Now, if it is ignorance that has brought about the conflict, it will be naturally the cessation of ignorance alone which can solve the problem of conflict. The cessation of ignorance is understanding: and it is understanding alone which can see that conflict is no problem when there is insight into the nature of conflict. It must be understood then that this conflict has been brought about by a search for an ideal. It was the rejection of the actual, the impermanence of all, the search of an ideal, thought of as permanent, which was the basic cause of conflict. And so, the understanding of the motive of the search, and the understanding of the nature, composition and goal of the ideal, will lay bare the nature of the complex which became the conflict.
Thus, the process of cessation would have to begin with the fact that there is a conflict, whether it is wanted or not. In analysing conflict, its nature becomes clear, for it is a conflict between the real and the ideal, the real which I actually experience and reject in my search, and the ideal which is expected to provide a reason for living, a goal for striving, a purpose in life.
The nature of this conflict (as we are calling this psychological obsession) is described in the Pāli texts under the various names of decay (jarā), death (maraṇa), sorrow (soka), pain (dukkha), grief (domanassa), despair (upāyāsa), dwindling in vitality (ayuno saṇhāni), dissolution of the aggregates (khandhānaṁ bheda), lamenting (parideva), bodily discomfort (kāyikā asāta), mental disagreement (cetasikā asāta). This list of assorted experiences covers a vast, and, probably, the entire field of pain, physical as well as mental; but a mere repetition thereof will not provide deeper insight. What then is the common factor, the essence, perhaps the source of all this disharmony? Watching them one by one closely to understand the true nature of disharmony (saccā-ñāṇa), its functioning (kicca-ñāṇa) and its accomplishment (kata-ñāṇa), what do we see, what do we understand of this process?
Whether the experience is physical or psychological, there is always the experiencing of loss (vyasana) in disharmony, in dissatisfaction, in non-attainment, in separation. It is the loss of property, of prestige, of health, of life, of confidence, of dependence, of hope, of prospects, covering the entire field of body and mind. What is this loss? What is lost? To whom does the loss occur? And why is it felt as a loss? It is always the loss of something or someone, which or who gave physical, mental, sentimental, political, religious support. If it did not, its disappearance would not be felt. If the disappearance would be of something or someone antagonistic to our way of living, it would not be felt as a loss, but rather as a gain: one obstacle less! Loss, therefore, is not of the object, such as possessions or relations; but it is a loss of something which is myself, with which I have identified myself, without which I feel unsupported, let down, lost. Then I am lost, because the child which died was my child, my hope, my continuation, my ambition, the goal of all my work, the purpose of all my striving, the only chance for survival of self. Thus, I am the loss, not the loser. As I am nothing but this striving and ambitious “I”, there is a deep sense of conflict, which lies much deeper than frustration. The “I” must cling to support itself, and when the support breaks down, the “I” is lost. It is then the “I” fighting to retain or to regain a lost “I”. That is the conflict which is the base of all disharmony which is felt as loss.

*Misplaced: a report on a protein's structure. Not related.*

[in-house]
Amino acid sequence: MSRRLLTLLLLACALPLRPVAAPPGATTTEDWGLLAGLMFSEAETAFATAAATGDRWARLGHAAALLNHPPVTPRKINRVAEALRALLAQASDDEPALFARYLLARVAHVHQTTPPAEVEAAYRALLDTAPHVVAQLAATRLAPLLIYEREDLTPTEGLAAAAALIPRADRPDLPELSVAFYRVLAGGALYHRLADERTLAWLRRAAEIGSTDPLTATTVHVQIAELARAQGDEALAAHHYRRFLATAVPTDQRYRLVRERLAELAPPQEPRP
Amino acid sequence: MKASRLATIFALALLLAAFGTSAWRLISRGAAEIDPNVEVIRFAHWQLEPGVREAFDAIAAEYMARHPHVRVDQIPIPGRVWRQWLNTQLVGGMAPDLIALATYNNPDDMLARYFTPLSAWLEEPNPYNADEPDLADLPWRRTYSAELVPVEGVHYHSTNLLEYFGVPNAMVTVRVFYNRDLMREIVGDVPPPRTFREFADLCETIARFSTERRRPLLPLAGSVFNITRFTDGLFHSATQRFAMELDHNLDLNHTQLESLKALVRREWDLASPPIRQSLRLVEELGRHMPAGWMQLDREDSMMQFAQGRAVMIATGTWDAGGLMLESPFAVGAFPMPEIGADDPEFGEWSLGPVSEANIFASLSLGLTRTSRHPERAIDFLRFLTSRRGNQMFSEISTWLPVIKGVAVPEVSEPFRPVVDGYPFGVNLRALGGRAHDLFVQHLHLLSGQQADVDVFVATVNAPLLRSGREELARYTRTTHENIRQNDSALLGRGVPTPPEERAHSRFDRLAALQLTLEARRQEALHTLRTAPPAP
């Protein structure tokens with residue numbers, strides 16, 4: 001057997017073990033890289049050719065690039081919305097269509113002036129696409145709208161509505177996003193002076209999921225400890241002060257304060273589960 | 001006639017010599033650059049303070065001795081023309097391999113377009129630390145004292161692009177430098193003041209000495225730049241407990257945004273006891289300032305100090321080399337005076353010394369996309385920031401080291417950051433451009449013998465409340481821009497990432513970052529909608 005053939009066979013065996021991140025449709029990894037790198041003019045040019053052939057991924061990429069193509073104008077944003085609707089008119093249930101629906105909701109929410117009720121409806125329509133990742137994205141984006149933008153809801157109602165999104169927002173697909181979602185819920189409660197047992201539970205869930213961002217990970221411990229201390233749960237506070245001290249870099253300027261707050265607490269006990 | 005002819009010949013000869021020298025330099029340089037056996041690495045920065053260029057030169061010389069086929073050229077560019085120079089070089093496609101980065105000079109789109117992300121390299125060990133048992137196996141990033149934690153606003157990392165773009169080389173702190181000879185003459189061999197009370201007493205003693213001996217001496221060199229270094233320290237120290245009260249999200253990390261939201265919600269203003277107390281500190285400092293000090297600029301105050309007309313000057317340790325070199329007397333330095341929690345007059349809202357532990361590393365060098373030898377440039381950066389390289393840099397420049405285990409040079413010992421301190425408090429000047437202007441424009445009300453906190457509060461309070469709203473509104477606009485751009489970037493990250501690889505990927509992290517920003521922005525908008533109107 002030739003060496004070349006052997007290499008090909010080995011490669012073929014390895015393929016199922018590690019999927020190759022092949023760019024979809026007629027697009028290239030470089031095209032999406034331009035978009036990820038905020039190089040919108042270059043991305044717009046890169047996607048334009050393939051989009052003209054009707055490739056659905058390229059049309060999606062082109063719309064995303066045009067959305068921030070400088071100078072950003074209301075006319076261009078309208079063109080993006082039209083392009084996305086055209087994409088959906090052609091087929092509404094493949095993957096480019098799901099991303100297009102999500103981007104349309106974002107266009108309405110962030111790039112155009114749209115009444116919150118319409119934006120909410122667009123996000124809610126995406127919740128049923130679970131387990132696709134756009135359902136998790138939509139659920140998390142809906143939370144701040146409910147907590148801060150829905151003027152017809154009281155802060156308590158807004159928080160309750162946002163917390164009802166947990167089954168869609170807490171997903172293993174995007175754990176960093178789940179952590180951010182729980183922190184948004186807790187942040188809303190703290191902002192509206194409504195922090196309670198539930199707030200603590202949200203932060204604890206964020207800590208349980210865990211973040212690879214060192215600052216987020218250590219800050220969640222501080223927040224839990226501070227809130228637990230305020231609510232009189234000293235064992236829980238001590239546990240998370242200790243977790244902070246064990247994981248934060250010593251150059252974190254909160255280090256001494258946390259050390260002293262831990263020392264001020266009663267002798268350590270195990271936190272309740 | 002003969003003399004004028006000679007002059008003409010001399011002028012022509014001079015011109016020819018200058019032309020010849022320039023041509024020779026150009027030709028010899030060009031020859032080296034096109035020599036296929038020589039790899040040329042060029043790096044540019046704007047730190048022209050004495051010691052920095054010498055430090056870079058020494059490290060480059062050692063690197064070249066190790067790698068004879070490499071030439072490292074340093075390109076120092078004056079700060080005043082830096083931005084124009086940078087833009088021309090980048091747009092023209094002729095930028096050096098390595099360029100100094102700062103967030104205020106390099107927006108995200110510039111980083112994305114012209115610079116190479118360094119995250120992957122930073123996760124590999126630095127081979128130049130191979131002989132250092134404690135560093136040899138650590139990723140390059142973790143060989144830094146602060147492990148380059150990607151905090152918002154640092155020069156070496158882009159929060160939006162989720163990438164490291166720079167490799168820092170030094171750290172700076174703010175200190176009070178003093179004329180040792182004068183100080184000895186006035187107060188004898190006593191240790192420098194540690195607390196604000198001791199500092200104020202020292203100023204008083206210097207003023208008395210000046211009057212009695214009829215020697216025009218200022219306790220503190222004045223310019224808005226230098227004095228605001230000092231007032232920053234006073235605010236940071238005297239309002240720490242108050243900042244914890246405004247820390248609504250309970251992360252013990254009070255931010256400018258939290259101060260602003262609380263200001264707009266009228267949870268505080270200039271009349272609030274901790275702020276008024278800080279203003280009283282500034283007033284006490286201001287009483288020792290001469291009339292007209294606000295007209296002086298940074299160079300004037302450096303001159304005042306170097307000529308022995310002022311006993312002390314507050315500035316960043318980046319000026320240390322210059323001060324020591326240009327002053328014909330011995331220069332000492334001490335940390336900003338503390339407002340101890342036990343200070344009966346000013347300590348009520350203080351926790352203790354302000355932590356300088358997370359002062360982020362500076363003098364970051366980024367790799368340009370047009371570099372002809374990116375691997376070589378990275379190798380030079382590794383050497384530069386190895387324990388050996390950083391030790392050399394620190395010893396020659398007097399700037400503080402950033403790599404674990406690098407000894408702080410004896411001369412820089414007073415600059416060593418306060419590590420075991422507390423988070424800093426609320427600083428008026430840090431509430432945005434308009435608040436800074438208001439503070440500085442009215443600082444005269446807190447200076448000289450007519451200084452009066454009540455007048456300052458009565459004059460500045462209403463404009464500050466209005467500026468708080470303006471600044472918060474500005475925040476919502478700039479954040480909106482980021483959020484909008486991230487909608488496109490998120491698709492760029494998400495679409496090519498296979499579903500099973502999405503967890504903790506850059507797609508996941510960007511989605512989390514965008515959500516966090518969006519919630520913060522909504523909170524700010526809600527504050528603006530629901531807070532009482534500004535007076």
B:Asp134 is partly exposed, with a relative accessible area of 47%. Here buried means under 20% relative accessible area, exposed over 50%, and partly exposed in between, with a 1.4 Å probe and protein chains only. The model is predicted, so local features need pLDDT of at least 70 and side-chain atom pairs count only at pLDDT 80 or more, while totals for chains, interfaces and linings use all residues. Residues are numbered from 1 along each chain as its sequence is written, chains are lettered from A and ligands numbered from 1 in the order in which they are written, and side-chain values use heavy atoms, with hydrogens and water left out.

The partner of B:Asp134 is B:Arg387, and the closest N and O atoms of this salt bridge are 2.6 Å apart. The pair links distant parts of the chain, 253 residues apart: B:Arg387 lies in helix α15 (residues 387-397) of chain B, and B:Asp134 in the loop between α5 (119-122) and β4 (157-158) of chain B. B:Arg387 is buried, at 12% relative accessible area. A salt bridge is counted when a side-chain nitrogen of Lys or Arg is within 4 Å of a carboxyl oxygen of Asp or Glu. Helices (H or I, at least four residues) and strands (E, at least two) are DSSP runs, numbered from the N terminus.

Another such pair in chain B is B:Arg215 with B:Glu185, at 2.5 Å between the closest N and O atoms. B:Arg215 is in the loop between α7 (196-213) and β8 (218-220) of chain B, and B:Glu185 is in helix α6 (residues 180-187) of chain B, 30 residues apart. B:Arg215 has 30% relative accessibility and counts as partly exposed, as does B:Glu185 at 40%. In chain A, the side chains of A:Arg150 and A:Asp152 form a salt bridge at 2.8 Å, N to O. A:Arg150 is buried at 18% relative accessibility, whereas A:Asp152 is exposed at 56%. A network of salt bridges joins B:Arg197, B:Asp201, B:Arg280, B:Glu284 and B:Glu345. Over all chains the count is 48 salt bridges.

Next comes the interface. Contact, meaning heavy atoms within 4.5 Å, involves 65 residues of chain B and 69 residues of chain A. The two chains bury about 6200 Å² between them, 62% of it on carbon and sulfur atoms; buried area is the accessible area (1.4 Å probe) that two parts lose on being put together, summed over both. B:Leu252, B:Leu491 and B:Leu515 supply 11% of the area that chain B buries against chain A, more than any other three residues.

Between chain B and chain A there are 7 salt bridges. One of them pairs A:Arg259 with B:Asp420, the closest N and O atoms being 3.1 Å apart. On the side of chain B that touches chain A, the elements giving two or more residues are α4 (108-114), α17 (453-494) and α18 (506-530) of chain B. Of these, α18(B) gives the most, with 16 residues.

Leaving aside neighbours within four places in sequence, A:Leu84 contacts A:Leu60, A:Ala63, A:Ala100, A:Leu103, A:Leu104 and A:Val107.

What is lost?: Self. To whom does the loss occur?: Self. Why is it felt as a loss?: Because it is myself, my loss.
When this is seen clearly, there is no remedy, no repair, no substitute, for there is only one thing that is wanted and that is “self” which now feels it is lost. One can pray to God for grace, sacrifice to the Gods for help, turn to substitutes to forget; but there is no remedy for this loss to self. And this loss will remain as a conflict until the true source of the loss which is “self” is truly seen for what it is. When all substitutes are wiped off, there is a blank: How can there be any action for recovery, when there is no “self” either as actor, or as a goal? It is no more a problem, because there is no answer to an impossible question: How can I be cured when there is no “I”, when the “I” is seen, understood and lost?
In this seeming despair, it is only the hopelessness of the future which causes the conflict as long as there remains an “I” who wants to become. But, if the loss is not seen as a loss of prospects in the future, but as a loss of a delusion in the present moment of realisation, then there is a sense of relief when the burden is taken away. Nobody can take this burden away, because there is no burden; it was only my own making, my own creation, my own ambition, my own “self”. And when there is no need to worry about the future of such a delusion, there is a sense of relief which, metaphorically, allows me to raise my head and see. I can see that there is a possibility of seeing without distortion, without aiming, that I can be alive without being “I”, that there may be an approach to understanding which is not the exploitation of learning, that there may be love which is not possessive, and which therefore can never be lost, can never become a conflict.